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Posted by on September 21, 2017

When I crossed the line in Langkawi in 2015, I swore that was the last one.

Then, we got married on the 10th of September 2016 and celebrated with all our family and friends. I barely touched my bike that year, and only ran in the wee hours of the morning or in the gym, so that I could undo all that sunburn that IMMY2015 caused, and be that glowing blushing bride 😄. My fitness level dropped to a brand new low, but at least I was gorgeous on my big day…hahaha!

And THEN Ironman announced a new full IM race in Gurye, Korea on the 10th September 2017, and there were these awesome early bird promos, and maybe I was still semi drunk and high of wedded bliss, but something in me practically yelled at me to Do It!! (and to convince my now husband to “fit in to the family” and become an Ironman 😂)

Clearly, I had not thought it through when I signed up. Cold water, wetsuit swim, 2nd time expectations, foreign country, traveling with a now race participant (which means no support crew), not to mention how we would both be training really hard at different time schedules (not the best way to spend your first year of marriage, I think)….whoa. OK. Too late now. Just gotta do it. 15 hour training weeks and all.

Race weekend.

For the past 8 months or so, my biggest concern had been the swim. I had worked hard (enough) on getting my freestyle mojo going. Swimming breaststroke in a wetsuit was akin to walking with flippers on the sand so I had better learn to front crawl or else I’d be that funny looking buoy bobbing awkwardly in the Jirisan Lake making forward progress at 3:00/100 m.

On T-1, we all went for a swim test. It wasn’t too cold, about 19C, but the fog made it look like a scene out of Dark Waters. I took one jump into the water and everything, and I mean EVERYTHING I ever learned went out the window. Including the part about breathing. I went blank! I tried to breathe with my head under water, I spluttered awkwardly when I lifted my head, my heart starting beating at zone 5, and I just wanted to go up on land. But Gary was nearby, and he calmed me down, and I continued to manage my breaths and gradually dip my head underwater. I learned to breathe again. But I did not dare attempt front crawling. This was gonna be a loooooong swim.

Race day.


Foggy, again, I could feel my pulse rising. The game plan to attempt front crawl in my swim was rapidly dissolving. It’s okay. I can deal with a few minutes slower, even if it was 10 minutes. Just finish the 3.8km swim and you’ll be on your way. Okay.

Go! I jumped in and automatically started pulling my front crawl strokes (it’s a reflex to get away from the crowd and not kick anybody in the gut this early in the race). But as soon as I found a clearing, I switched back to breaststroke. I knew I’d be a lot slower like this, because the time I had to train my swim for the past 8 months had been focused on freestyle swimming. But I wasn’t going to let that bother me. I just wanted to get this over with. Just keep swimming.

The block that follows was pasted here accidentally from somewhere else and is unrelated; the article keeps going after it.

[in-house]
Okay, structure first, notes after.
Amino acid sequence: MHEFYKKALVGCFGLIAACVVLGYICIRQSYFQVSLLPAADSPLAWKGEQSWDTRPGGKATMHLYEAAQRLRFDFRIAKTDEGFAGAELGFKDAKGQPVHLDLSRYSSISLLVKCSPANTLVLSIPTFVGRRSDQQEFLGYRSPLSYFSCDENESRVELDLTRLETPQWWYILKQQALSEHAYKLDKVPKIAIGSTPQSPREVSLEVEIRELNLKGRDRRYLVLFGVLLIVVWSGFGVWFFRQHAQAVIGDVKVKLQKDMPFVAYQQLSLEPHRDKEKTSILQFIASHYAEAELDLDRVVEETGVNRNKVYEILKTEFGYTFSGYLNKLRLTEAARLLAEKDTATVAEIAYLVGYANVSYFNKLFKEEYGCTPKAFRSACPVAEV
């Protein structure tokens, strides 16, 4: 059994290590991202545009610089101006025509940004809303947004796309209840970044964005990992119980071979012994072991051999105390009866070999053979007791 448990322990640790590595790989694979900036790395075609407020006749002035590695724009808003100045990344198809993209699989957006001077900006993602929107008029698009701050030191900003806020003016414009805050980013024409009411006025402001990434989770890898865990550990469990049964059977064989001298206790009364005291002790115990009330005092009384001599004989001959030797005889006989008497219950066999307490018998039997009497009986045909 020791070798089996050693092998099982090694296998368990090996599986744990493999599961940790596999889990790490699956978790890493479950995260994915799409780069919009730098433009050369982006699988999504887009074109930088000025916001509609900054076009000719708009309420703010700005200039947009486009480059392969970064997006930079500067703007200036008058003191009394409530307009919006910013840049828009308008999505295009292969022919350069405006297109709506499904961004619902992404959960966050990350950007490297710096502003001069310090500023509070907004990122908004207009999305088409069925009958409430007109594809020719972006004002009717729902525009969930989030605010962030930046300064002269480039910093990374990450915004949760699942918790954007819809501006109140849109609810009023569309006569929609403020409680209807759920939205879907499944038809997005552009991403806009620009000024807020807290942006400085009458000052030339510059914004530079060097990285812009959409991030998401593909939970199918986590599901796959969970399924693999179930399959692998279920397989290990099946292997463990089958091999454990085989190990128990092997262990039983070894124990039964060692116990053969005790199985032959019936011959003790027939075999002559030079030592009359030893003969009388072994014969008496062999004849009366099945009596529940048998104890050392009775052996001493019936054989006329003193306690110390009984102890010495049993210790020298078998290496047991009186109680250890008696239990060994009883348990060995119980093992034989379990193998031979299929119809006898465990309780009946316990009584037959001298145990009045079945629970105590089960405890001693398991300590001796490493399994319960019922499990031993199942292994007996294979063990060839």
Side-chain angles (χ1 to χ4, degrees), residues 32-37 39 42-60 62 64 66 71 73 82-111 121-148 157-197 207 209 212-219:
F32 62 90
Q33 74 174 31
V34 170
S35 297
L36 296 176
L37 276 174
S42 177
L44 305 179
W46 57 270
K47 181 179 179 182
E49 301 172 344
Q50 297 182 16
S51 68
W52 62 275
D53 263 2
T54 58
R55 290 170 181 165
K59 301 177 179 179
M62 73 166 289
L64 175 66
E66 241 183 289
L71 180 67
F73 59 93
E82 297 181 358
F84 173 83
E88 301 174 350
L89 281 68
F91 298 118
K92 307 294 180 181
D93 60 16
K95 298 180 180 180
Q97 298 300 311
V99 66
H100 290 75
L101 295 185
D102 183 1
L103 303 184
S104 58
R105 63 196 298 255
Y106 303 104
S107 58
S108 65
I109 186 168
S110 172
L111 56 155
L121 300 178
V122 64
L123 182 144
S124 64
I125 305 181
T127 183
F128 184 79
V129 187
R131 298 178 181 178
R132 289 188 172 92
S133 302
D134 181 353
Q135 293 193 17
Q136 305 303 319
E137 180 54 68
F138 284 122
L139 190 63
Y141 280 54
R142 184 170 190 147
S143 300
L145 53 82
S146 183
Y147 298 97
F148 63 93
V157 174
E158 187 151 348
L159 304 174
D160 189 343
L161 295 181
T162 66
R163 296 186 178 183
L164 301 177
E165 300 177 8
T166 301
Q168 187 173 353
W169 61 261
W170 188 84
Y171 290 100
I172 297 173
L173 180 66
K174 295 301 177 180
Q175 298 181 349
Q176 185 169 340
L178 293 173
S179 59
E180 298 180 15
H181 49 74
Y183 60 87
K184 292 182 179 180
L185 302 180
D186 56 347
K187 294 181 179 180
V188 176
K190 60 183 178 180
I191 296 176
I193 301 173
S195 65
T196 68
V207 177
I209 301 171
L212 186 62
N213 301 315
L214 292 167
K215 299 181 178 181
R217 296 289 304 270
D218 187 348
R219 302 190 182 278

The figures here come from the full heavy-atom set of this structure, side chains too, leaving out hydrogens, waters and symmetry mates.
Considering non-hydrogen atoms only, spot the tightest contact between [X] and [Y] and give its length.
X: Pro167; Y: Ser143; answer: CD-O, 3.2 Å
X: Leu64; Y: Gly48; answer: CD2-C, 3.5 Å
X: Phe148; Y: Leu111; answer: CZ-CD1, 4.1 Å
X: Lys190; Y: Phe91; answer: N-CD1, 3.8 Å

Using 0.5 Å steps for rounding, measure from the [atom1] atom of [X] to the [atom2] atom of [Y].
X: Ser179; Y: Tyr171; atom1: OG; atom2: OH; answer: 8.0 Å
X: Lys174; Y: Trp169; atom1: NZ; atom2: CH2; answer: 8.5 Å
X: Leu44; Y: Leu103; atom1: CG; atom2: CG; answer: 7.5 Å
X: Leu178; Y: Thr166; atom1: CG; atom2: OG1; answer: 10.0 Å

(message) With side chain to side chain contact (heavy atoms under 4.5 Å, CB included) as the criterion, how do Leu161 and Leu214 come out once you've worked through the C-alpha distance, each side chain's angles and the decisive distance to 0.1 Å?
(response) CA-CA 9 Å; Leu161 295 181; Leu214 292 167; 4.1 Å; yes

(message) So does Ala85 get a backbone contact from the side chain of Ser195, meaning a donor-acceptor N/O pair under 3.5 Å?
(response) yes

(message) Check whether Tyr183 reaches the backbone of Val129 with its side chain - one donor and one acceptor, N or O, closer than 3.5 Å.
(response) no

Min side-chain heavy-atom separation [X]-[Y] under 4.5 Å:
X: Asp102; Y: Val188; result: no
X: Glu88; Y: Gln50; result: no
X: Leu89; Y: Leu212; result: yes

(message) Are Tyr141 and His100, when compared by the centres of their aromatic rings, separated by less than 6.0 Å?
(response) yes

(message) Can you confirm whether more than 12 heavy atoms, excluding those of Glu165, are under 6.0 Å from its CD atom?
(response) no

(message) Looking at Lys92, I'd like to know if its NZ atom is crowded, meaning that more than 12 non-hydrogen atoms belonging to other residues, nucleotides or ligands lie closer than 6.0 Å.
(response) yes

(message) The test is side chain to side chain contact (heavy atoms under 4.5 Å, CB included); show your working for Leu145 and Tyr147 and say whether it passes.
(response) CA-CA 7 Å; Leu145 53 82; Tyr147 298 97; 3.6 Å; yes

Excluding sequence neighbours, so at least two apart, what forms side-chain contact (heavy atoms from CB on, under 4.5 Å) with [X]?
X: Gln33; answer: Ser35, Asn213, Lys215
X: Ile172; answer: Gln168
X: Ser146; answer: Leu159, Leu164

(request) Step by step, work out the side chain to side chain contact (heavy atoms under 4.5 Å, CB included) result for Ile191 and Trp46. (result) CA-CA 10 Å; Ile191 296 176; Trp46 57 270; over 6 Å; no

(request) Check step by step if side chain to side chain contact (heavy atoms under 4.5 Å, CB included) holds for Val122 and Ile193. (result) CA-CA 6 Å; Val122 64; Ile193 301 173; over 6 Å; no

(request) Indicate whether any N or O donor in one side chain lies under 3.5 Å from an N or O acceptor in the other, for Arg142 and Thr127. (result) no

The water temperature was really nice actually! I don’t have much experience but my guess would be that it was about 22C. I found that I was really enjoying the water! I did try a couple of front crawl strokes here and there, but I swam about 80% of the swim in breaststroke. Apart from some pretty rough swimmers who gave me a few jabs and a big punch to my face, I had a good swim, and when I exited the water, I was happy to see 1:33 hours on my watch! Not too shabby, only 2 minutes slower than last IM! 💗


I don’t like the wetsuit. Nuff said. It took me 12 minutes in total because I struggled to remove the wetsuit, then I struggled to wear my one piece trisuit, then I struggled to remove the trisuit to go to the washroom, then I struggled again to wear the trisuit. Haha…I know, it’s a little bit inconvenient to wear a one piece suit, but I love love love my trisuit!


I followed Gary on his rides a lot, which meant that I was following Rupert’s ride program. (Shout out to Rupert Chen, really good tri coach!) At the time, I really dreaded the long rides, because I was slow as hell following the boys, and I hated being the last one trailing behind. Every weekend was a stressful endeavour but I admit that it has built me up to be a much stronger rider now! I coupled that with twice a week of indoor training mainly focusing on heavy gears and building power, and voila, I was pushing much higher speeds than I ever did before and it felt great!

So the 180km bike ride in Gurye was good. It wasn’t a breeze, but I think I handled the inclines well. I wondered how far ahead was Gary, but it wasn’t long before I saw him coming from the opposite direction! My rough calculation was that he was 10km ahead. I smiled, for every step of this journey to this very day has been with him. It was almost surreal, that we were finally racing Ironman Gurye!